THE MICHIGAN DAILY
Cephas, Dickerson Enter
Penn RelaysFourth Time
By GARY WRIGHT
When the gun sounds Friday
afternoon, .Michigan sophomores
Dick Cephas and Marsh Dicker-
son will be running for the fourth
time in the Penn Relays.
It was at these relays, in fact,
where Wolverine Coach Don Can-
ham first saw Cephas and Dicker-
son while they were juniors in
r' high schbol. He was scouting such
schoolboy stars as Quint Sterling,
also at Michigan.
k Win Mile Relay
Canham saw Cephas and Dick-
J erson pace their Wilmington, Del.
High 'School mile-relay team to
a victory in 1956. They also won
this same event in 1955.
They ran third in the nation-
wide distance medley relay in
1957. This consists of legs of half,
quarter, three-quarter-miles and
jE one-mile respectively. Dickerson
led off and was followed by Cephas.
They won their heat, but the
event was awarded to the team
with the fastest time.
This weekend they return in
new roles. Cephas will carry the
baton in legs of the 440-yd., 880-
yd. and mile relays. Cephas was
a member of the winning 440-yd.
and mile relay foursomes last week
in the Ohio Relays at Columbus.
Dickerson, a middle distance
runner, once again will run a leg
of the sprint medley relay. He was j
a member of last week's 3:27.4
Cephas, the most versatile of
Canham's thinclads, has been+
boomed as the logical successor to+
Glenn Davis's title of "most ver-1
satile performer in the Big Ten."
He runs the dashes, is the co-1
holder of the Michigan record of+
:07.4 in the 65-yd. low hurdles,
skips the high hurdles in fine style
and has cleared 6'6" in the high
jump three times this season.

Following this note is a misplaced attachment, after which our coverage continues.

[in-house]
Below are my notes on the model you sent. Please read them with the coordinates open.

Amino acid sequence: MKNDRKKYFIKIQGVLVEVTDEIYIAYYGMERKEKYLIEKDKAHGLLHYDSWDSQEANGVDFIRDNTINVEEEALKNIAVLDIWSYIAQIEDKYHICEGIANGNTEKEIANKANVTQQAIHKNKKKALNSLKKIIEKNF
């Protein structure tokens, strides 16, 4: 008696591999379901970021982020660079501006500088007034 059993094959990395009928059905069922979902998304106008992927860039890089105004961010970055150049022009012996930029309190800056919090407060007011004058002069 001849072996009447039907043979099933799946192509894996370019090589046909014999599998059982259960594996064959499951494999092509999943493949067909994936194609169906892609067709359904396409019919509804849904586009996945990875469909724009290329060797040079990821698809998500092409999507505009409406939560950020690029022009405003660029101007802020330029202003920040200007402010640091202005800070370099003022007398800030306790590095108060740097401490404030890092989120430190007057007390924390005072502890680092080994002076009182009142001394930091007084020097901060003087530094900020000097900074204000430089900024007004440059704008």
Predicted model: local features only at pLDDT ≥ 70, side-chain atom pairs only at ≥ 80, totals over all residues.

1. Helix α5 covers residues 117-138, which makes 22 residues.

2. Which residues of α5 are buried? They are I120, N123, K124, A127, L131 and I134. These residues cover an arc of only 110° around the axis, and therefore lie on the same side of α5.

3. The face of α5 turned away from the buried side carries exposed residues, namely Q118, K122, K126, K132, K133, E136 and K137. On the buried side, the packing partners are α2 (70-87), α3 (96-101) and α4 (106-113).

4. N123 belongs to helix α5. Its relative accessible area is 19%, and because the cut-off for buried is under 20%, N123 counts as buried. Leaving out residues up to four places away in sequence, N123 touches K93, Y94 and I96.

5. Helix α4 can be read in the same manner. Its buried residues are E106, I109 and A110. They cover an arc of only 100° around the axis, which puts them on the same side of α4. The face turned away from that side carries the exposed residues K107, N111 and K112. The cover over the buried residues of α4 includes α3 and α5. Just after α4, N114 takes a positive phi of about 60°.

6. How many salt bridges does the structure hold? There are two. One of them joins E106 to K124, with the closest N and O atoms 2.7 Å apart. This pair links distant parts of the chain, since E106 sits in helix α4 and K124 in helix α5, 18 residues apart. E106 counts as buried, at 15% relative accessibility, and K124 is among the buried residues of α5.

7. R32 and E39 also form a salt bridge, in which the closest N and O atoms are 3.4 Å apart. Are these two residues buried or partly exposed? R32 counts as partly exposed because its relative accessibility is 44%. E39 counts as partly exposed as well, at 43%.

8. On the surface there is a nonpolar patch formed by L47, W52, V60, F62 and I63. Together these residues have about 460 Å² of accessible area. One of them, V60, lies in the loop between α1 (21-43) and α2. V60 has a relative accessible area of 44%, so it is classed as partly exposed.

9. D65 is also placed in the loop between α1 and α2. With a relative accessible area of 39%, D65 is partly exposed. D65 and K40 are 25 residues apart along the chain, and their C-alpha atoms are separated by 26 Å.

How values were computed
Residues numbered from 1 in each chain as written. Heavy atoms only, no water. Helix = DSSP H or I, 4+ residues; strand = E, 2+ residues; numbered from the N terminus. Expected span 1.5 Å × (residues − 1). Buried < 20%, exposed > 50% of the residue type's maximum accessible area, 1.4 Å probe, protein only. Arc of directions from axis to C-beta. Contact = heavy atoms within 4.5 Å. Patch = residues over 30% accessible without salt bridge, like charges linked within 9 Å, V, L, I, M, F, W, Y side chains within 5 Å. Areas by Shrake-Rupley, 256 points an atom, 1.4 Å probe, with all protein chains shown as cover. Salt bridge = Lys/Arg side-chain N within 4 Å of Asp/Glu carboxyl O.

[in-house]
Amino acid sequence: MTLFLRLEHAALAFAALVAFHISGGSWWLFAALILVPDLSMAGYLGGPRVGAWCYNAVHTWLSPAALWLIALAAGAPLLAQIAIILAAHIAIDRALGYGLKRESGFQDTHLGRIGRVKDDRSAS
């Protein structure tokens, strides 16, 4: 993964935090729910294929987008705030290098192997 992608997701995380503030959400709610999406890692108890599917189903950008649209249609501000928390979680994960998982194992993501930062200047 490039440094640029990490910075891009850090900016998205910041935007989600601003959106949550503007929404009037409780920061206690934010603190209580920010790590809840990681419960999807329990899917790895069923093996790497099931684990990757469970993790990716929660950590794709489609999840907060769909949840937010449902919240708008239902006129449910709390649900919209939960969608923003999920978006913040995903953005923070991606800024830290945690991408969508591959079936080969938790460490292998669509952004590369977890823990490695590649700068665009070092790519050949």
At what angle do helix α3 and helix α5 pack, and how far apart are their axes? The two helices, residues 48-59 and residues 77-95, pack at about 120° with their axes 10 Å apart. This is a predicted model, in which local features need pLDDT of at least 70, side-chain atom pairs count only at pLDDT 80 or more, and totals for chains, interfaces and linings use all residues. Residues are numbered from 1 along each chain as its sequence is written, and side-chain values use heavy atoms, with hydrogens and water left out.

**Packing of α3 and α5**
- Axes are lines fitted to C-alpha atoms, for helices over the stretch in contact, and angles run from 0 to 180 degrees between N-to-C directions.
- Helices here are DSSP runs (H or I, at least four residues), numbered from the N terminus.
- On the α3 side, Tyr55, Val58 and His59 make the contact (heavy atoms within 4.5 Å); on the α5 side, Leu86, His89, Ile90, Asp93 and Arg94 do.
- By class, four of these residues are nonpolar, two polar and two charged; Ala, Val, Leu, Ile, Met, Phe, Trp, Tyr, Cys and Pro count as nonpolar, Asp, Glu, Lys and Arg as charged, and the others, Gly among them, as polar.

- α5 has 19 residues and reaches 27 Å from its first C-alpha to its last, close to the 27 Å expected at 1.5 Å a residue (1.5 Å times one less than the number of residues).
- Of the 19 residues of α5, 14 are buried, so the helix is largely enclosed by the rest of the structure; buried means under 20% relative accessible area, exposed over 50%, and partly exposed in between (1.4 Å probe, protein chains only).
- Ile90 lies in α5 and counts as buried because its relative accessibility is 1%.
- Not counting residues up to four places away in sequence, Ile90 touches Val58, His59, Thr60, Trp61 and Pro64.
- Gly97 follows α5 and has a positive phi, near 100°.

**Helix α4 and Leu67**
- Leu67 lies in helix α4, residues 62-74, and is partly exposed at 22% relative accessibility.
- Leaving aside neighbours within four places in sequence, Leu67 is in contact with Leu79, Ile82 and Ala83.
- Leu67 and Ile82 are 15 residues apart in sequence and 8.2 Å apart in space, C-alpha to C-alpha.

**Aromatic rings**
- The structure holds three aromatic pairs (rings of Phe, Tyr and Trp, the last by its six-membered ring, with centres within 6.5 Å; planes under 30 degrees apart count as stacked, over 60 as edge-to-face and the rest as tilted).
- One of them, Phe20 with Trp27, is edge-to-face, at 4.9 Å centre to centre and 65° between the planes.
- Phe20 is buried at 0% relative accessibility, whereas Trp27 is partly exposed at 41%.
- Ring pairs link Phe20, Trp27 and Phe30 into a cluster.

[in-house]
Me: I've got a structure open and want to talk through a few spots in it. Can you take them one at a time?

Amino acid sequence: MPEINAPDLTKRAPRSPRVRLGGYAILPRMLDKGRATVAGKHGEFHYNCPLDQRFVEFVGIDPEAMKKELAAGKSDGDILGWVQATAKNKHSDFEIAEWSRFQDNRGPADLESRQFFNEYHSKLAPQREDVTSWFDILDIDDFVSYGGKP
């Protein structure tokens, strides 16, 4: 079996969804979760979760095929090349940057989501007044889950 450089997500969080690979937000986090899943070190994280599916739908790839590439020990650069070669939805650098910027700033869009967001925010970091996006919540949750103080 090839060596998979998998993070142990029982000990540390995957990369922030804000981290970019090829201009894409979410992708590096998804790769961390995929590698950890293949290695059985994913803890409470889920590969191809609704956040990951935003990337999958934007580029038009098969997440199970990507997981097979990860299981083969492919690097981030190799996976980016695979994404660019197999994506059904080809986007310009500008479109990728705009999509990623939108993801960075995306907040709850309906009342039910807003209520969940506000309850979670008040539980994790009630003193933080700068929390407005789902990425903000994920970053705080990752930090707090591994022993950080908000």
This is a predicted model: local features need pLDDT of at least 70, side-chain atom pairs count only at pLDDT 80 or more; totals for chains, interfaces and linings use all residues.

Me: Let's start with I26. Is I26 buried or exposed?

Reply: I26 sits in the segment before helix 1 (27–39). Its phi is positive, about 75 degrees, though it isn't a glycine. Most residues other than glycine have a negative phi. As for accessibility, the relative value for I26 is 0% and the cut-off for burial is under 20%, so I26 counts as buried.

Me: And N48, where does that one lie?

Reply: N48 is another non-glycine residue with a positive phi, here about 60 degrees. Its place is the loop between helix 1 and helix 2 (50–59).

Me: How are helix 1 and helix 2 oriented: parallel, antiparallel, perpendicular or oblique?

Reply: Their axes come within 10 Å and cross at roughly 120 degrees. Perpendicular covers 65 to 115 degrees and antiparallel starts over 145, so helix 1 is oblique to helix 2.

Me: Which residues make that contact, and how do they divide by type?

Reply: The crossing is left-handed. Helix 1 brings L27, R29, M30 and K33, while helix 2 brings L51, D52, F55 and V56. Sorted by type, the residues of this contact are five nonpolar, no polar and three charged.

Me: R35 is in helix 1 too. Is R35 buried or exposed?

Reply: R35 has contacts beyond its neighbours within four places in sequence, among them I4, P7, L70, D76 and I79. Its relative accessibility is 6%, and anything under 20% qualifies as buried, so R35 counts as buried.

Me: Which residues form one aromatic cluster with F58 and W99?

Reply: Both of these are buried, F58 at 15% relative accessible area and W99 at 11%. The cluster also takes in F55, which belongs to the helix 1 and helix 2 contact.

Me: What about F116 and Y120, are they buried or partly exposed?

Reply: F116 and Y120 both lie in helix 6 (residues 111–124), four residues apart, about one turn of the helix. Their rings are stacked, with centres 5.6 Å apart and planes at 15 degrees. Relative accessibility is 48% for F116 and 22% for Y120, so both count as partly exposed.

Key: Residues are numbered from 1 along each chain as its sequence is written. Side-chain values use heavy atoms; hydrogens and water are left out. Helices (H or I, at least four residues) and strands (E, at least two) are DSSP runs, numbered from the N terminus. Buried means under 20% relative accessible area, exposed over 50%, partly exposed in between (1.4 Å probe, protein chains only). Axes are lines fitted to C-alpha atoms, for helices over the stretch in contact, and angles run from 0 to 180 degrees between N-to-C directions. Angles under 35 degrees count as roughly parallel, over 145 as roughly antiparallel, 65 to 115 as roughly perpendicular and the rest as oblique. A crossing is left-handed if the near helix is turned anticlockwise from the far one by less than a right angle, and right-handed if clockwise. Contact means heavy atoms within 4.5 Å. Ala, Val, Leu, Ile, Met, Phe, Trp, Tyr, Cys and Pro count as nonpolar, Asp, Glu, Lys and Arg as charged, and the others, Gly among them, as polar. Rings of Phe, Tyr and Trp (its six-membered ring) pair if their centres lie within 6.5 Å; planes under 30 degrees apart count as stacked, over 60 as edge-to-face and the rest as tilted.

Michigan was not the only
school interested in Cephas and
Dickerson. Many big Eastern pow-
ers like Syracuse and Dartmouth
cast a hopeful eye in their direc-
They were co-captains in foot-
ball, and Dickerson's fine play
earned him several football schol-
arships. Fortunately for Don Can-
ham, track came first.
Major League Standings
W L Pct.
Milwaukee 6 1 .857
x-Los Angeles 7 3 .700
x-San Francisco 6 5 .545
Chicago 5 5 .500
Cincinnati 4 5 .444
Philadelphia 3 4 .429
Pittsburgh 2 5 .29&
St. Louis 3 8 .73
San Francisco 1, Los Angeles 0
(after 4 innings)
Milwaukee 2, Philadelphia 0
Pittsburgh 9, Cincinnati 8
St. Louis 8, Chicago 2
San Francisco at Los Angeles (N)
Milwaukee at Philadelphia (N)
St. Louis at Chicago
Cincinnati at Pittsburgh (N)
W L Pet. GB
Cleveland 8 1 .889 -
New York 6 3 .667 2
Chicago 6 4 .600 2y2
Boston 5 4 .556 3
Baltimore 5 5 .500 3,V!
Kansas City 4 6 .400 41,-
Washington 3 7 .300 5Yz
Detroit 1 8 .111 7
New York 1, Washington 0
Chicago 20, Kansas City 6
Boston 8, Baltimore 4
Cleveland 10, Detroit 1
New York at Washington (N)
Cleveland at Detroit.
Chicagoat Kansas City (N)
Baltimore at Boston
BASEBALL'S TOP HITTERS
Not including last night's games
Player and Club G AB RL H Pet.
Howard, New York 6 26 3 11 .423
Kaline, Detroit 9 38 2 16 .421
Power, Cleveland 9 36 10 15 .417
Bertoia, Wash. 9 37 6 15 .405
Held, Cleveland 5
Triandos, Baltimore 4
RUNS BATTED IN
Triandos, Baltimore 14
Skowron, New York 11
Player and Club G AB R H Pct.
Aaron, Milwaukee 7 30 8 17 .567
Demeter, Los Angeles 9 34 9 14 .412
Cepeda, San Fr'isco 11 47 9 17 .362
Alou, San Francisco 9 36 6 13 .361
Demeter, Los Angeles 6
Cepeda, San Francisco 5
RUNS BATTED IN
Demeter, Los Angeles 14
JOHN KONSEK RON BOVER
..defending Big Ten champ ... heads veteran IU squad
Bowl Officials Don't Fear
NU's Expected 'No' Vote
By CLIFF MARKS
The Big Ten golf season opens
in a big way this weekend when
Ohio State hosts a quadrangular
meet involving defending Confer-
ence champ Purdue, runnerup In-
diana and Michigan, this year's
Conference meet entertainer.